Making Custom Salt Blends

Discussion in 'Food & Cooking' started by mrdecoy1, Aug 28, 2012.

  1. mrdecoy1

    mrdecoy1

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    Hi I bought a book that suggests you make your own salt blends with herbs and spices in a dehydrator machine to compliment meats  and such. Can anyone tell me more about how this is done? or is there some wonderful boutique salt company that I should just look at their products? I never knew until recently how much the culinary world is in love with salt. Thanks
     
  2. french fries

    french fries

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    The problem with salt blends is that you're stuck using a premixed blend of spices. Why not just blend when needed, or don't even blend, use salt and dried herbs and spices as you see fit? 

    In the past I had found a salt blend that I really liked, and all my friends loved it. I started using it on everything and it truly worked with everything from poultry to pork to steak to fish etc... The problem became, after a few months, I realized that everything I cooked had the same flavor profile: that of the salt blend. 

    Now I just have all my spices and dried herbs etc. and use what I want when I want to. Pork ribs? How about a little powdered toasted onion, powdered garlic, smoked paprika, dried mustard, salt and pepper. Lamb skewers? Hmmmm today I feel like dried oregano, a tiny bit of cumin, olive oil and fresh garlic. 

    Etc etc.... 

    To me, salt blends are limiting. 
     
  3. mrdecoy1

    mrdecoy1

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    I see your point and agree but then why does this guy advise a dehydrator?
     
  4. siduri

    siduri

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    to dry the herbs, perhaps?

    I actually dry my salt before putting it in salt shakers.  The salt here is not treated to keep it pouring because nobody uses shakers. And i buy sale di Trapani, which i really love (I'm a real salt lover) but it's even more sticky than the commercial kind.  So when i have the oven on for some reason, like making bread, i put a baking dish lined with foil with a pile of salt in it to dry out.  I pour it into my shakers and it flows fine unless i leave the shaker out in the rain /img/vbsmilies/smilies/smile.gif

    If you're using sea salt and particularly untreated salt, you might need to dry it out. 
     
  5. everydaygourmet

    everydaygourmet

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    Decoy1, sorry I mean Mr. Decoy1,

    Wow flavored salts, as one who frequently makes various flavored salts and spice blends the following:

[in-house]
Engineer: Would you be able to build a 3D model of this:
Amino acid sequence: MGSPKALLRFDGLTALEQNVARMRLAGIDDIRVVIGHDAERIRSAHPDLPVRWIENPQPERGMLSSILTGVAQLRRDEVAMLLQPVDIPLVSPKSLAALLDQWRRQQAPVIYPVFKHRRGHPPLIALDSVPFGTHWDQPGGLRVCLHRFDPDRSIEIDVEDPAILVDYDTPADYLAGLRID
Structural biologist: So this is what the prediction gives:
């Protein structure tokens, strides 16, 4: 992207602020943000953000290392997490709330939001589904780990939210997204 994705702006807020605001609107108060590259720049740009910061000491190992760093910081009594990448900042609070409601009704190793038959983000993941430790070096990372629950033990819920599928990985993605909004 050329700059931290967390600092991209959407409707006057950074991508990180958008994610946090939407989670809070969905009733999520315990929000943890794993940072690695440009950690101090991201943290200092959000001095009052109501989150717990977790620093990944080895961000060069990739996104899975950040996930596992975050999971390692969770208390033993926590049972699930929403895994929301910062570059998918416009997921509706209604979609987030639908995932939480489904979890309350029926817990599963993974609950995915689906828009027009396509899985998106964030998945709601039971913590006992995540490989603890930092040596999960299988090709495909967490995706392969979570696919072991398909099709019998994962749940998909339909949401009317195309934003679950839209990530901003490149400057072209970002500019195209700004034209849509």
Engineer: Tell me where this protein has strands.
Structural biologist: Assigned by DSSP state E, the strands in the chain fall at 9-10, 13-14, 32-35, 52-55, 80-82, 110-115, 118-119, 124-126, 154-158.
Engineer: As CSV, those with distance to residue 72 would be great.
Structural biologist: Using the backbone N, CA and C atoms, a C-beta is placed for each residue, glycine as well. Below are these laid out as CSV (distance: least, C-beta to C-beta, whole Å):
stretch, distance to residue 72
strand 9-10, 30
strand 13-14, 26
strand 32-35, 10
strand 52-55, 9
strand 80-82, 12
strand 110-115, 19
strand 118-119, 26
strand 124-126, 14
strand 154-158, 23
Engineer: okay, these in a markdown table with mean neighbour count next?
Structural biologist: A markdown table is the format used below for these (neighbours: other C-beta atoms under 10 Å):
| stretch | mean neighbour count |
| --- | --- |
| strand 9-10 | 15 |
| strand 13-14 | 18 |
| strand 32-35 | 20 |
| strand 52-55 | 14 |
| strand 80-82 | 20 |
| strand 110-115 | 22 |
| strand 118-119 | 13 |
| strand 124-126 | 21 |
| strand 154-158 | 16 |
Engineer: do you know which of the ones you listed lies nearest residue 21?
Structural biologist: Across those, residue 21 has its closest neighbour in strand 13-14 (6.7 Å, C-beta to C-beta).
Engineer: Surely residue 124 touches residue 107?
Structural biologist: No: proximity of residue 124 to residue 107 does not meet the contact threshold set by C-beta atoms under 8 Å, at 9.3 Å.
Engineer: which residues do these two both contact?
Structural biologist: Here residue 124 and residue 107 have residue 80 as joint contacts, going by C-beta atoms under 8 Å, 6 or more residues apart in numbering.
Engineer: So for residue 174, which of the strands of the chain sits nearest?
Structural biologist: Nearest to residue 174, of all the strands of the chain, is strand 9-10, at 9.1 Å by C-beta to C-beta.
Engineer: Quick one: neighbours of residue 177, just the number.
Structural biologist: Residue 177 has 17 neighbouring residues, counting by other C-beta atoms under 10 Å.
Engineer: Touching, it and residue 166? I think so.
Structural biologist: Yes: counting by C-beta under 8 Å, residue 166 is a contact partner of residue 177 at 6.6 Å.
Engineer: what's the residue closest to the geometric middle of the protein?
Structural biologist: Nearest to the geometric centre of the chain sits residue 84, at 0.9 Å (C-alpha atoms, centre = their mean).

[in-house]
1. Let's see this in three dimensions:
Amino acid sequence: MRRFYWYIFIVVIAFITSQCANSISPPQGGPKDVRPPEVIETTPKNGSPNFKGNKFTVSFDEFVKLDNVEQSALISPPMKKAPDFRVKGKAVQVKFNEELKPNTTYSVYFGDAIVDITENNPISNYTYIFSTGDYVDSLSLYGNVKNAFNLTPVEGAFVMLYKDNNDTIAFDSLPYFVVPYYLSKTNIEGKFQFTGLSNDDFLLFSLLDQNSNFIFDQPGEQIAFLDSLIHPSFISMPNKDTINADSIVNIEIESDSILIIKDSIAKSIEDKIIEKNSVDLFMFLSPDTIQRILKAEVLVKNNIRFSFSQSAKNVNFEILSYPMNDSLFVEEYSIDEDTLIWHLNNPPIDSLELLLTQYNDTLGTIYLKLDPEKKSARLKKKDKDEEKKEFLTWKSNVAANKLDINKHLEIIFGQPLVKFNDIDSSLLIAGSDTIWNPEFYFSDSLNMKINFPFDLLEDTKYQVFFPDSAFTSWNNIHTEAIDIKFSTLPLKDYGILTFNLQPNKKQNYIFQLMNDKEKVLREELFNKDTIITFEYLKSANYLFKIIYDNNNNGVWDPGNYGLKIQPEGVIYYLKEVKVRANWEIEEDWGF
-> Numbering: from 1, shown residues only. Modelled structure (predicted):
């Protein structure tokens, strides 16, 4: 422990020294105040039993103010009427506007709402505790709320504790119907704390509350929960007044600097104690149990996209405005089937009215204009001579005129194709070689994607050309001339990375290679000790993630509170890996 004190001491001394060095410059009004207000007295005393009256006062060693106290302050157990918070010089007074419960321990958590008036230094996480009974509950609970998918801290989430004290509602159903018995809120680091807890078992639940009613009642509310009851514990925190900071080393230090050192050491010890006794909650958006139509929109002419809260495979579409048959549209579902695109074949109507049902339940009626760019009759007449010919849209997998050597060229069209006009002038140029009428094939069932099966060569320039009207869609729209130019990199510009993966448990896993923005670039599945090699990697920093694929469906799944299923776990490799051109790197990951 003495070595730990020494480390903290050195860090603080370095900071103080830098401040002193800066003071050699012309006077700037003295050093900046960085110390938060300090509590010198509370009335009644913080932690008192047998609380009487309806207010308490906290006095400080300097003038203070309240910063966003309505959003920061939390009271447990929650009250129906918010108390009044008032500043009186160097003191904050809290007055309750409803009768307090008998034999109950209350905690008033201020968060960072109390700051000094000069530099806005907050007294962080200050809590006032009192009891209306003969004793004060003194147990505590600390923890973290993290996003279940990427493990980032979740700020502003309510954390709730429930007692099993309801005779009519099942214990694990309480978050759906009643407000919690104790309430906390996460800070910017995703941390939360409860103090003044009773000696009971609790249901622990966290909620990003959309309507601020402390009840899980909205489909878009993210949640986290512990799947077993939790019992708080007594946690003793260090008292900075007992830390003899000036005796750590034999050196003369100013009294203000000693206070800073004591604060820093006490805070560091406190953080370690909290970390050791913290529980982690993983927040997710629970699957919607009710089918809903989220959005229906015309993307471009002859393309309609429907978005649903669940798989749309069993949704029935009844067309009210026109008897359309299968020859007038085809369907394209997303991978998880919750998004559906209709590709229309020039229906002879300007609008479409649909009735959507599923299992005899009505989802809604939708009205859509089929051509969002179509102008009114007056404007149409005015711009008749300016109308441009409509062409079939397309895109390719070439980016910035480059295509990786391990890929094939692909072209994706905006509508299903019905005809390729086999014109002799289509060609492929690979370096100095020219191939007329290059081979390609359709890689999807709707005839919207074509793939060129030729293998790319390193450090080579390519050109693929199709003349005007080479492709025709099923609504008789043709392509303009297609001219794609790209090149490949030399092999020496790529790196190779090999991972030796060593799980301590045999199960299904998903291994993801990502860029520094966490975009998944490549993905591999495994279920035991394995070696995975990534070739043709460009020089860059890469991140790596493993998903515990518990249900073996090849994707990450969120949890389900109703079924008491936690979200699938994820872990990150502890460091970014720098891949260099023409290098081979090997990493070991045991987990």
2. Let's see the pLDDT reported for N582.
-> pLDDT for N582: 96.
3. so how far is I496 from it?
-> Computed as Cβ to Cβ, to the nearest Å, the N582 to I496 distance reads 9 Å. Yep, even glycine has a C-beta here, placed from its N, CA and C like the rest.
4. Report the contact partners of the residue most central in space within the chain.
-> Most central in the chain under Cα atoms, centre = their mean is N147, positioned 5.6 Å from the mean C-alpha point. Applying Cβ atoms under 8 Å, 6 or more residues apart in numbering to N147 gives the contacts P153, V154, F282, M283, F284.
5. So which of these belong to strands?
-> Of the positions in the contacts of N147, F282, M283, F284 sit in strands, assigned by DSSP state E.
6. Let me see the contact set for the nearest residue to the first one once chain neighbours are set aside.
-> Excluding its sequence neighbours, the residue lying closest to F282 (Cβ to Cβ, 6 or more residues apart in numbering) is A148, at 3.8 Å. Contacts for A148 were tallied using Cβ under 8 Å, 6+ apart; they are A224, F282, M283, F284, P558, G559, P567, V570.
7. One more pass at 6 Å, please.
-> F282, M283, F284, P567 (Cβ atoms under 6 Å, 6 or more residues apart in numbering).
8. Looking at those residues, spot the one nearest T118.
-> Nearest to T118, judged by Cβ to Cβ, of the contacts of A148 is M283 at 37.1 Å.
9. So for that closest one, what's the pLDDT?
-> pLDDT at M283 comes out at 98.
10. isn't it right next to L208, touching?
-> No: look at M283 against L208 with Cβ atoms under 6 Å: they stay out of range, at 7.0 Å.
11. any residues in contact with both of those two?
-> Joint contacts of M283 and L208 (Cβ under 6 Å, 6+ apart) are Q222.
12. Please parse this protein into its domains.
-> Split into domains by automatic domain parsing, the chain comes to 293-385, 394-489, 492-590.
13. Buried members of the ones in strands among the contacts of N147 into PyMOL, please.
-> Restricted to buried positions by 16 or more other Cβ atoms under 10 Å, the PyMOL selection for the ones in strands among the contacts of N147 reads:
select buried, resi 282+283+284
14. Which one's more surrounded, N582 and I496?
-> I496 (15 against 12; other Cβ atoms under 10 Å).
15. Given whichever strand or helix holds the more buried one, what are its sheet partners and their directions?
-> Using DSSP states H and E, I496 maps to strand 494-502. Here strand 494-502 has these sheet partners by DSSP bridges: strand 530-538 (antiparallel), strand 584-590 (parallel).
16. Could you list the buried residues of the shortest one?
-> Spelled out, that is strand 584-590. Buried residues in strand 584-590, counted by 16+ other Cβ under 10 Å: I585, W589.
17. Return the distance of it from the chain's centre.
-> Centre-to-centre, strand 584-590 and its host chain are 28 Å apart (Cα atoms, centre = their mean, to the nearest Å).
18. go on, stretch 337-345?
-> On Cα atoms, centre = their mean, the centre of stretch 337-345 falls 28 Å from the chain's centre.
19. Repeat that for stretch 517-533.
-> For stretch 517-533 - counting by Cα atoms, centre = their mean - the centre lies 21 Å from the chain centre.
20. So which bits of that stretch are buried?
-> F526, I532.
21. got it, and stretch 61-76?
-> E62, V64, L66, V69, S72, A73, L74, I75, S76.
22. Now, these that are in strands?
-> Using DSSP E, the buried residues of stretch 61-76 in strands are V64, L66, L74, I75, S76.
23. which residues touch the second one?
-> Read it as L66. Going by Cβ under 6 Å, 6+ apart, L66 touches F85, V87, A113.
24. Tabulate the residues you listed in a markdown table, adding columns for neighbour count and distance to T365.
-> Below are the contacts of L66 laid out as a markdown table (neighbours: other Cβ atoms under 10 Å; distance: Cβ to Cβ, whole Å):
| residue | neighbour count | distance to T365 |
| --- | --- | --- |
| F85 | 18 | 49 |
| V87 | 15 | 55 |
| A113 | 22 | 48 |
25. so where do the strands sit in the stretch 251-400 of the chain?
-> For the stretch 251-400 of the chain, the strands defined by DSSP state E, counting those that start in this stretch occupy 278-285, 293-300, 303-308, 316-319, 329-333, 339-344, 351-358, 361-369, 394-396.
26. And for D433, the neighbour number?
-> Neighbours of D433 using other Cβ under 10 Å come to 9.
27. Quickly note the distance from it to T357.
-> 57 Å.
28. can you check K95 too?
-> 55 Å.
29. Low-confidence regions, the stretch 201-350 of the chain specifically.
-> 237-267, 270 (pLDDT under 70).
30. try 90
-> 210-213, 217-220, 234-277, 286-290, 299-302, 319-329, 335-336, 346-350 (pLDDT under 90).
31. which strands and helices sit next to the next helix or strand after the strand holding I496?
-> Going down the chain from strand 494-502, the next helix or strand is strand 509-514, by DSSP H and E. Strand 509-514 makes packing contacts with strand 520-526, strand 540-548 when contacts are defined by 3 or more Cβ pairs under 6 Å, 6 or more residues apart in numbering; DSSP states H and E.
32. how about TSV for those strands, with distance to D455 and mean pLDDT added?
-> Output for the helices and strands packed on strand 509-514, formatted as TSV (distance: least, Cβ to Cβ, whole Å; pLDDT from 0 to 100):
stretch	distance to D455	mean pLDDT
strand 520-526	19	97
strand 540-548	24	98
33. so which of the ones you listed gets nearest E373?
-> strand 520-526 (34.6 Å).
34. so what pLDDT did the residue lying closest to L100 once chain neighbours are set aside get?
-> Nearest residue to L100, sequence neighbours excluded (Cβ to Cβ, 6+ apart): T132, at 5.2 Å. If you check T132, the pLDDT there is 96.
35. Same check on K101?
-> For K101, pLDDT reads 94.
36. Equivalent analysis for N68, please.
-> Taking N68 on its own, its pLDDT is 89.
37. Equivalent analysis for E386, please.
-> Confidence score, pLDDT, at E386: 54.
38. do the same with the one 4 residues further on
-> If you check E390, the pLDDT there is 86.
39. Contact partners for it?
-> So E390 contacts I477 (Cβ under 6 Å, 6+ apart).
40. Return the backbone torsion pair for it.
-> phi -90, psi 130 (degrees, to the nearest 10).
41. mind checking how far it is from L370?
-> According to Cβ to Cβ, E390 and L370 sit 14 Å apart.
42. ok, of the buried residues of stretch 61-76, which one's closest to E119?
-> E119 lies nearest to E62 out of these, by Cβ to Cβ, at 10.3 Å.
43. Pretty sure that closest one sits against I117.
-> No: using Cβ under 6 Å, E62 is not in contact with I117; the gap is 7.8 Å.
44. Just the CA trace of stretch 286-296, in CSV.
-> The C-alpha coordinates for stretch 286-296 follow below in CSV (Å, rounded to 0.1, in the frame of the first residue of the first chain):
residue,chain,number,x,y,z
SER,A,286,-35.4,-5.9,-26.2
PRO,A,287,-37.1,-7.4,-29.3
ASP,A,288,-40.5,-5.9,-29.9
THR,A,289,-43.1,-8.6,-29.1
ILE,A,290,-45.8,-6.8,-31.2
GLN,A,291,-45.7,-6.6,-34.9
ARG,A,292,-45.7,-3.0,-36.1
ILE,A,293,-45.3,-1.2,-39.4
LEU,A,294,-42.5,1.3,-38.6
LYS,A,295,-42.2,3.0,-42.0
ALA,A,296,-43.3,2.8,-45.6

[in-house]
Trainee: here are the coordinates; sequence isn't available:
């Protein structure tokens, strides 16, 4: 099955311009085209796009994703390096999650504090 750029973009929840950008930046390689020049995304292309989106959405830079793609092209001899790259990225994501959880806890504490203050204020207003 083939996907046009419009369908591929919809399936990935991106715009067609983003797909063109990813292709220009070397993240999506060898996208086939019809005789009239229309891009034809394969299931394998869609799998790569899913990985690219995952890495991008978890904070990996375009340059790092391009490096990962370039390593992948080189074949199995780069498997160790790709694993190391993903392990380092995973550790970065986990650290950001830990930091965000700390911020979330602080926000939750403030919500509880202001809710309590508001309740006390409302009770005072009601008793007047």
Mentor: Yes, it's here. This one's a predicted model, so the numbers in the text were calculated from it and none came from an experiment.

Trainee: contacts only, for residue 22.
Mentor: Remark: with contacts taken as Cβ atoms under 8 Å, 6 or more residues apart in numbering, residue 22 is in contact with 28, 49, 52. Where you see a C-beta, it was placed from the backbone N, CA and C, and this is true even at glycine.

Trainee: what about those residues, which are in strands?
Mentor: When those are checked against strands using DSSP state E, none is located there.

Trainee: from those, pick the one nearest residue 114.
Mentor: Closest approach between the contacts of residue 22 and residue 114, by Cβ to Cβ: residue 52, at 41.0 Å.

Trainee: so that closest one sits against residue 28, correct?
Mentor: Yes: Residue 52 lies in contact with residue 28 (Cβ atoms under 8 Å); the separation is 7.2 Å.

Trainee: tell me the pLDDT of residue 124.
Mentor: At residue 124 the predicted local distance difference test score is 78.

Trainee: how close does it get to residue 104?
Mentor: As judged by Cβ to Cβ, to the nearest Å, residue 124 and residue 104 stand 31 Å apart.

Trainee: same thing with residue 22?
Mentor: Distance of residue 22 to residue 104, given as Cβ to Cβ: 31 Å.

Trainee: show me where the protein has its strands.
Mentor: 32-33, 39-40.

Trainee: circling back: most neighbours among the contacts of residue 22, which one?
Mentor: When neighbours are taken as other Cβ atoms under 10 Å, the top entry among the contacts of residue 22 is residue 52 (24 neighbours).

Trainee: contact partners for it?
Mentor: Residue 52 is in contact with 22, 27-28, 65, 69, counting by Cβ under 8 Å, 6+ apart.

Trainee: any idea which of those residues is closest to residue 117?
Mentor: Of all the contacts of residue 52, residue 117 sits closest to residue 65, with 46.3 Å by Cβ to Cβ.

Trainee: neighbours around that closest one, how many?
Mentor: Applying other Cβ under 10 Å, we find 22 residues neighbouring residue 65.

first remember salt draws liquid, if you put a flavoring agent and salt in a dehydrator, you have one, the salt drawing liquid that you want to retain the flavor, and another the dehydrator removing moisture to ambient air, which is why you get so much aroma during the dehydration process.

    Re the salt, usually use coarse grinder or flaked sea salt (Baline or Maldon)

    I make smoked salt and several flavored kinds for bbq rubs to finishing, currently and literally have over 20 different salts Porcini, (& various other fungi) ghost (& various other hot / chili ) pepper, lavender and rosemary, veggie, 

    make truffle salt and pepper, no dehydrator, minced and vacuum sealed jars, ratios vary by liquid content as we want the salt/pepper to absorb the flavors not turn to mush etc. shake the jars daily, the vacuum helps influence / introduce the desired flavor (fresh herbs etc) the the desired medium (salt / pepper) 

    fresh herb same, just mince and add salt and vac.

    Have also used a sun tea process for dried and a hot water extraction for fresh, reduce to concentrate, apply with an atomizer,or a pump up culinary sprayer after I oven dry at low temp, re spritz and re dry to get the desired flavor.

    Hope that helped,

    Cheers,

    EDG
     
  6. maryb

    maryb

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    I make a few blends that I use a lot of. Lately I have been using a salt/garlic powder/onion powder/black pepper/ ground celery seed/ground rosemary on bison and beef. I created it for my annual BBQ this year and everyone loved it. I had to make a big batch to send home with people.
     
  7. phatch

    phatch Moderator Staff Member

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  8. redvan

    redvan

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    My dad gave me a little trick for keeping salt from clumping in a table shaker; put a small amount of rice in the shaker along with the salt. The rice grains are large enough that they stay in the shaker and keep the salt nice and dry. Great for outdoor shakers but the rice needs changing occasionally.

    Red.
     
  9. siduri

    siduri

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    Redvan, thanks,  i had heard of that and used to do it but to no avail.   I think it's fine for american salt that is treated, but the italian salt is very wet (it doesn't flow). 

    All the restaurants here have salt shakers that are practically all rice, and nothing ever comes out of them.  If they have salt shakers at all.   So i dry it in the oven for a long time and then it works fine.